On the same day, Moltenskoi announced that the numbers of the Combined Group of Forces in Chechnya are to be curtailed. The “surplus troops” will be returned to their places of permanent basing (RIA Novosti, October 10). No specific dates were cited, but Stanislav Il’yasov had earlier stated that “a gradual troop withdrawal will begin in January 2002” (Interfax, October 10).
What is the meaning of these developments? It may be that President Putin and his entourage have decided to jettison policies toward Chechnya which were patently not working. The new conflict in Afghanistan and the changed situation in former Soviet Central Asia appear to provide an opportunity for the Russian leadership to reduce the huge military and police presence in Chechnya. Battle-tested troops are urgently needed elsewhere. In addition, Putin may have come to understand that the massive corruption and criminalization of Russian military and police forces based in Chechnya constitutes a serious political threat to Russia itself and not just to the populace of Chechnya. So a decision may have been taken to try something new: Chechenization.
Will Chechenization work? It seems unlikely–just as the earlier process of Vietnamization did not work–given that the separatists have to date been at least as hostile toward the pro-Moscow Chechen leadership as they have toward Moscow itself. A number of pro-Moscow Chechen officials have been assassinated during the course of the present conflict. There is also little evidence that the Kadyrov leadership enjoys the trust of the populace, and it is probably as corrupt–albeit in different ways–as the Russian military and police based in the republic have been. On the other hand, there can be little doubt that the pro-Moscow Chechen authorities will treat the republic’s populace less brutally than have the Russian military and police, many of whom have evidently been consumed with violent hatred toward Chechen civilians as well as toward separatist fighters. One corollary of Putin’s apparent decision to opt for Chechenization is necessarily a downgrading of the status of talks with separatist president Maskhadov and his representatives, and, as we have seen, such a downgrading seems to have already occurred. Kadyrov and Il’yasov will insist on support for themselves and their team and on the severing of any ties with Maskhadov and his entourage.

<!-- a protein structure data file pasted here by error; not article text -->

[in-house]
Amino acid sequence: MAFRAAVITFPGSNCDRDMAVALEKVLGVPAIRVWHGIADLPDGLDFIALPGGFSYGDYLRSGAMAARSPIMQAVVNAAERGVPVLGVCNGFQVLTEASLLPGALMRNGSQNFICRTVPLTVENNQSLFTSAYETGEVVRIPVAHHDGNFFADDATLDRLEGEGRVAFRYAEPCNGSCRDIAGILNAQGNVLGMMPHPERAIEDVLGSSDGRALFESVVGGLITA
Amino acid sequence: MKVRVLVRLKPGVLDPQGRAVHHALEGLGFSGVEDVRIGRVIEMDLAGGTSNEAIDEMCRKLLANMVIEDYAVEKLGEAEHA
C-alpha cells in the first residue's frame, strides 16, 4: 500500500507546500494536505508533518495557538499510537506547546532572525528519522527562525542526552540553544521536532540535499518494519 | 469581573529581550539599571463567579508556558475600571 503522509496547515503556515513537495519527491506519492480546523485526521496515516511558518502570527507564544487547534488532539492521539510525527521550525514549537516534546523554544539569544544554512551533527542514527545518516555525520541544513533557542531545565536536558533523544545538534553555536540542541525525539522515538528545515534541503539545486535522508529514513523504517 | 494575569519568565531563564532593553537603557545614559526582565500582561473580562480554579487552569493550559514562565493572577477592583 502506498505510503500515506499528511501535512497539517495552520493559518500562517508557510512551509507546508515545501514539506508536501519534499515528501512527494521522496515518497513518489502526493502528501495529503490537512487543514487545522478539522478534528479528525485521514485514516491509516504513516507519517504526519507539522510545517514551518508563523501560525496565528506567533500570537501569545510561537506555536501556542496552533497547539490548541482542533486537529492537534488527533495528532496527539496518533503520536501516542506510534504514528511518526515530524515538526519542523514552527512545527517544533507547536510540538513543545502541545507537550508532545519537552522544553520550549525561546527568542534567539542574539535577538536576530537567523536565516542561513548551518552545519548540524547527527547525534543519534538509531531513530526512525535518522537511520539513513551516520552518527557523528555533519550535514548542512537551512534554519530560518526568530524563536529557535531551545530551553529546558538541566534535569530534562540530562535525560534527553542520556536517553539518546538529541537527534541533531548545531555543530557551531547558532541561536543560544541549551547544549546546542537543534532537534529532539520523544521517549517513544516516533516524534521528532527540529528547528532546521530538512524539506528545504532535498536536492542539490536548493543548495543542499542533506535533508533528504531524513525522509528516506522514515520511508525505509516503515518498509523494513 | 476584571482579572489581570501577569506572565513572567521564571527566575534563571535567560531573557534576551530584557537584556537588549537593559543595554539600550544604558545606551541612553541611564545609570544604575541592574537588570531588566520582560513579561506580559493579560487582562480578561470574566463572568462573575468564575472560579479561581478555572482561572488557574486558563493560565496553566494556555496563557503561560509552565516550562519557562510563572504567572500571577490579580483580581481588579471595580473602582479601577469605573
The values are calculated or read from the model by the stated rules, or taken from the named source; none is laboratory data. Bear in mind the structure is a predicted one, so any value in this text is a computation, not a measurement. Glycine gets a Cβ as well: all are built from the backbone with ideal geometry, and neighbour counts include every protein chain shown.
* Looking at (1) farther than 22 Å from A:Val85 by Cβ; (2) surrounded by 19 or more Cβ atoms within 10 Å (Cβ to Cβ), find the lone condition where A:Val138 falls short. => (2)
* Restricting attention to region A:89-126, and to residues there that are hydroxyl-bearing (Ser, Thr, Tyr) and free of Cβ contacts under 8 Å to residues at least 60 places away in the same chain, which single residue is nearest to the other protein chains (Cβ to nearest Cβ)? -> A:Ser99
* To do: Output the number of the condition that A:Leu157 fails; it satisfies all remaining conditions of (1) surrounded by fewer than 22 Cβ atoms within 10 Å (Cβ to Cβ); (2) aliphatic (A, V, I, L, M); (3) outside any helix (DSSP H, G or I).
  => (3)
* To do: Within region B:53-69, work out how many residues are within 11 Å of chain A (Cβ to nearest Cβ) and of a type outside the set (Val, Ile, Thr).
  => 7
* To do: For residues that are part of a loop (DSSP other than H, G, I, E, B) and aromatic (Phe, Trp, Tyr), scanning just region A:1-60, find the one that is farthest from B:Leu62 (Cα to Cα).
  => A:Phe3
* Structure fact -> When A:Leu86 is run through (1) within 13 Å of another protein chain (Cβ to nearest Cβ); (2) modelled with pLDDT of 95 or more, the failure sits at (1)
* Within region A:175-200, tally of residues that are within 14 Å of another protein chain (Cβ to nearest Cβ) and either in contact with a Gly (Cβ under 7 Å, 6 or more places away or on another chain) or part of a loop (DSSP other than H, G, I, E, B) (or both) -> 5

To sum up, Chechenization is unlikely to work but, nonetheless, in some ways, it will perhaps represent an improvement over current Russian policies and practices.